More than ever, a company’s culture is an essential element of its performance. Well anchored, it’s a facilitator of daily life that makes it possible to direct people towards the good actions for the company. To better understand what the levers of a culture can be, I share below a quick overview of the culture analysis framework we’ve made last year with the management team. The objective was to develop people engagement, create an attractive environment and focus on team efficiency, through maturity and autonomy.
Our first impression was that over the years, there has been a loss of culture within the teams. The original vision, the original spirit, was a bit lost due to the quick growth of the company, natural turnover, and the many changes that have occured in the organization over the years. We also truly believe that the culture is the foundation of autonomy and we needed to build an ecosystem to help the teams gain in maturity.
To deliver this analysis, we defined a list of levers that could help support our culture, and designed a model to explore each of them further. Pretty simple, this model allowed us to have a full insight and make the right decisions.
It is composed of a first essential part to align everyone on the same language describing the lever:
- The name of the Lever
- One related motto to well define the main idea behind it
- Its definition, based on concrete and short sentences
- And finally, the benefits we expect by acting on this lever
Then, it presents a second part to put the lever in our context:
- What do we perform well related to this lever?
- What should we improve or start doing?
- Our estimated level of progress on this lever?
Based on that, the model offers a last part allowing to define the improvement area:
- The action plan we have to take to improve our level on this lever
- The short-term ones and the medium ones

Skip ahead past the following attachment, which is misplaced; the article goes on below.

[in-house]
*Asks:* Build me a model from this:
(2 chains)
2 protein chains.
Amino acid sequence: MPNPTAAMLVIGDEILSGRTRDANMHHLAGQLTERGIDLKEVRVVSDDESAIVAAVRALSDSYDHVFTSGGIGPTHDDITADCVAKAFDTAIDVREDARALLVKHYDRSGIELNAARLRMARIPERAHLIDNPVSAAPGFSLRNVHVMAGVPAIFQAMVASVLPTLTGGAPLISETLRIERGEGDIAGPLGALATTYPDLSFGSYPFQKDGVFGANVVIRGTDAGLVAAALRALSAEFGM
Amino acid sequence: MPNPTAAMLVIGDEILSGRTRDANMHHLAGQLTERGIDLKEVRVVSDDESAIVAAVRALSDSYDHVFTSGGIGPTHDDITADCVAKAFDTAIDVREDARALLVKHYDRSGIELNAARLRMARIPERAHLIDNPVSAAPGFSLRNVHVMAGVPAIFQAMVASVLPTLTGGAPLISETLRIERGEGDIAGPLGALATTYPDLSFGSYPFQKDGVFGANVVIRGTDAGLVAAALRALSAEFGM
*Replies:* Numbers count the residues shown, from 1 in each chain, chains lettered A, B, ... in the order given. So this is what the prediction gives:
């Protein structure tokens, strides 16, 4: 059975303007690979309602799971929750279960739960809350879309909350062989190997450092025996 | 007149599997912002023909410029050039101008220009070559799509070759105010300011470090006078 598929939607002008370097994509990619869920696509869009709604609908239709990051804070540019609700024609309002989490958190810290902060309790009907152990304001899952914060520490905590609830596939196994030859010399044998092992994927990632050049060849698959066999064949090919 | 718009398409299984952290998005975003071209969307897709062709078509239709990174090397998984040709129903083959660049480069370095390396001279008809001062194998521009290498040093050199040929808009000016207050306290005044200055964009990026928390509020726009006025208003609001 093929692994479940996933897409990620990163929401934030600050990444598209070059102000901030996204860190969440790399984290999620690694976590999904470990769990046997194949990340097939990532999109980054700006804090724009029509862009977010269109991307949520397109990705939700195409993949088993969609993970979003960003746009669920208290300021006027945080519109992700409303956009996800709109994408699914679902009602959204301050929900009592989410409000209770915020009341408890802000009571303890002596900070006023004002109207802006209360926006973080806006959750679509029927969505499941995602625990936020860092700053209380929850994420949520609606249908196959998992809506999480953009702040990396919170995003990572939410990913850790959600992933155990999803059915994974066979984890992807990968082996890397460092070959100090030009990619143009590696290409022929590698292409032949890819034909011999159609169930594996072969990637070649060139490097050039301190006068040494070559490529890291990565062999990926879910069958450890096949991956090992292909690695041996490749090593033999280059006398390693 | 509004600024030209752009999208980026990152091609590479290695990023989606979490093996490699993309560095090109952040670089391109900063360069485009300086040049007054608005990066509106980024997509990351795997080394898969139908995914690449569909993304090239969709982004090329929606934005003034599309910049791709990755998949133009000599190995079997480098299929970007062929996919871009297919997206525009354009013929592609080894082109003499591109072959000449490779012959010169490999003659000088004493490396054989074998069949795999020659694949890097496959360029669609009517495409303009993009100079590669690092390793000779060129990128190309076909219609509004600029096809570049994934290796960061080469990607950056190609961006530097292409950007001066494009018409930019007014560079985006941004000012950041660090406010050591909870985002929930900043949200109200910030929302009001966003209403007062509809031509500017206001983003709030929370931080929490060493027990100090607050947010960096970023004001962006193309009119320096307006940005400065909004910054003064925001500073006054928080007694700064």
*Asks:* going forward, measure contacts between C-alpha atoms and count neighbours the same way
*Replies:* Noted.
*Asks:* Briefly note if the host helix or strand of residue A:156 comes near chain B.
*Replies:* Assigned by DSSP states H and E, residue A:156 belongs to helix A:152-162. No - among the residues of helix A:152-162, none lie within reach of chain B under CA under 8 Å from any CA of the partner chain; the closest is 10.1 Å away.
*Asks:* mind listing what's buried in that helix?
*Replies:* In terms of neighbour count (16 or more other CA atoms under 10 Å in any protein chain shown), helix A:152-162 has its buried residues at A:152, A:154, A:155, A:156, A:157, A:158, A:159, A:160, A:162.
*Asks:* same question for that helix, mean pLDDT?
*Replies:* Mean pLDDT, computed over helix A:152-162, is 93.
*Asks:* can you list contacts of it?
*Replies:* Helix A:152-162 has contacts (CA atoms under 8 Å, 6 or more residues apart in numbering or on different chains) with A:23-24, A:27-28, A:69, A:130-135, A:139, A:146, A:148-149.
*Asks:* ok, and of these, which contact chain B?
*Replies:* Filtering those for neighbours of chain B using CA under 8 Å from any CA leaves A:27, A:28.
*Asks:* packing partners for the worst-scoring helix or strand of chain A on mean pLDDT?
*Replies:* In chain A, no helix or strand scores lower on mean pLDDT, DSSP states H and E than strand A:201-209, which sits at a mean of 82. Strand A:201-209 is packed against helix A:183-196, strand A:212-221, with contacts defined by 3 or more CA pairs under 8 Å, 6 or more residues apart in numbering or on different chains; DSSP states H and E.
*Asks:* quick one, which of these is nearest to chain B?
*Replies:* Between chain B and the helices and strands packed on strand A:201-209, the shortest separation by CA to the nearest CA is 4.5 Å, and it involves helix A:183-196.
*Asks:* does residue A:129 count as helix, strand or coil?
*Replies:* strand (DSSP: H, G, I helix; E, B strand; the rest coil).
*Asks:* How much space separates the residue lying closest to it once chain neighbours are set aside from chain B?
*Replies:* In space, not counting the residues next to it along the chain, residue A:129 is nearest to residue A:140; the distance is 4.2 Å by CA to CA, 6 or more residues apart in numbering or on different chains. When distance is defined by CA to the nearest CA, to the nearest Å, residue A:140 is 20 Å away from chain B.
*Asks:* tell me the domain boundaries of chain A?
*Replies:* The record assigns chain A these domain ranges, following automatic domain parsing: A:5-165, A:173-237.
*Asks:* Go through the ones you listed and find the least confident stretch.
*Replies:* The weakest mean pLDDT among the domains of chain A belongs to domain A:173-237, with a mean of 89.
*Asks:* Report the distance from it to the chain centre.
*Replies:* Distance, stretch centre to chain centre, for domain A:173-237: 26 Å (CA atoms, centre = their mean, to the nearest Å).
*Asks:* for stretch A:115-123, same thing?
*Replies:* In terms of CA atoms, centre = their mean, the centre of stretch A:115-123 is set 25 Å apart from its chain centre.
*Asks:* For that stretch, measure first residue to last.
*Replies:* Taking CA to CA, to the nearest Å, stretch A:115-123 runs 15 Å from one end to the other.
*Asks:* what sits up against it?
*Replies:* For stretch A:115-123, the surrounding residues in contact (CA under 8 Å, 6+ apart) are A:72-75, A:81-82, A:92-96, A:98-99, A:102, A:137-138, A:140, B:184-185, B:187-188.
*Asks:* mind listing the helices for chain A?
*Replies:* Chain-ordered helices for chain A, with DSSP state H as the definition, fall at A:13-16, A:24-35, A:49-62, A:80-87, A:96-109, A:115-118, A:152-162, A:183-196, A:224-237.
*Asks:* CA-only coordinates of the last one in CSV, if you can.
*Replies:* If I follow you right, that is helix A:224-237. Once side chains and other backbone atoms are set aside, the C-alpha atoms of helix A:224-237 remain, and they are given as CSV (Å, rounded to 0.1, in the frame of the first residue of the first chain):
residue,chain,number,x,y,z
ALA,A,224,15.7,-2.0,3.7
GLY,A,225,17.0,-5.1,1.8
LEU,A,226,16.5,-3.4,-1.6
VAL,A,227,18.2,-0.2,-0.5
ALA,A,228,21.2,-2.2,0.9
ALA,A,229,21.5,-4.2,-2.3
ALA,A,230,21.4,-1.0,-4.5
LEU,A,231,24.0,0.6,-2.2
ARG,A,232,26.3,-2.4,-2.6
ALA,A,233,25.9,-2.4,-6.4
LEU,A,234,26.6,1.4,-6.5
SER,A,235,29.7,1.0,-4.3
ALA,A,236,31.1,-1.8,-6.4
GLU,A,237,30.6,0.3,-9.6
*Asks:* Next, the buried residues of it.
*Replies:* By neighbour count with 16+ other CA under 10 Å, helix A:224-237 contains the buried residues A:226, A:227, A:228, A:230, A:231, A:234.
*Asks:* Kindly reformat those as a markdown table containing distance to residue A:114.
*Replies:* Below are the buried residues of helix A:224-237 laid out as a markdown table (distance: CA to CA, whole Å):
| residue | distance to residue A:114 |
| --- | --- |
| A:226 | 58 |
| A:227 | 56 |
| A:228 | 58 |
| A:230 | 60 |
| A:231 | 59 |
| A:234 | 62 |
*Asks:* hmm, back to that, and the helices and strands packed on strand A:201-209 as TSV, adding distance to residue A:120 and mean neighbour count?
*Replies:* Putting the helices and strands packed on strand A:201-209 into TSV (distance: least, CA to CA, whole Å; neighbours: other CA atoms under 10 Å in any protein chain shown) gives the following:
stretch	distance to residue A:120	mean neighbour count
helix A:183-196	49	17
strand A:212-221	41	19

- The level of difficulty to improve this lever
Defining these levels of progress and difficulty has allowed us to prioritize these several levers to maximize the impact. To illustrate, without going into too much detail, here are some of the levers we analyzed and the benefits we could expect.
Group values and vision
Together around a common vision
- Get more adoption
- Engage people to result
- Drive actions based on the values/vision
- Remove doubts, get a refuge
- Recruitment based on these values
Autonomy & Accountability
Act for the company’s good
- More engagement by responsibilisation
- Less inertia into the processes
- Better decisions
People are our engine
- Grow with a cohesive and lined up management staff
- Dedicate time to fluidize flows and adjust organization
- Have great relays
Transparency across the group
- Right decisions based on information
- Develop belonging & remove frustrations
Test and measurement culture
Test, measure and learn
- Analyze deliveries impacts
- Promote ambitious initiatives & risk taking
- Decisions taking based on fact
- Enable continuous improvement
- Motivated teams
- Increase consideration between teams
- Pride about work done and company
Feedback is a gift
- Contribute to a 360 communication
- Continuous (self) improvement
- Clarify points of view and statements
In addition, one of the main pain points we identified, was the backlog prioritization within and between the product teams. Even if all the product teams objectives are aligned with the OKR principle, on a day to day basis, there are too many priorities to manage and it’s not an easy part to align the teams together. Some colleagues of mine started thinking on aligning the teams based on functional scenarios. The main ideas are:
- Define the main scenarios, cross products, allowing to reach the objectives at a company level (decrease the production time of XX by YY, …)
- Sort these scenarios by priority with executive management
- Put in a matrix all the product teams (in line) and the prioritized scenarios (in column)
- Define for each scenario, the weight for each product based on the impact on the team to deliver what is needed (on a scale from 0 to 3).
This work, that can seems pretty simple, allows to see two important informations: the contention of each product following the scenarios prioritization, and the total weight of each scenario. This helps having a higher view and taking decision (priorization, resources allocation, …) at a company level.
Finally, to be able to drive our action plan based on facts, we put in place a feedback system. It allows us to measure the evolution based on the actions we’ve started. It’s an essential tool to quickly gather the feeling about the changes, follow the evolution over time, and adjust the action plan when needed.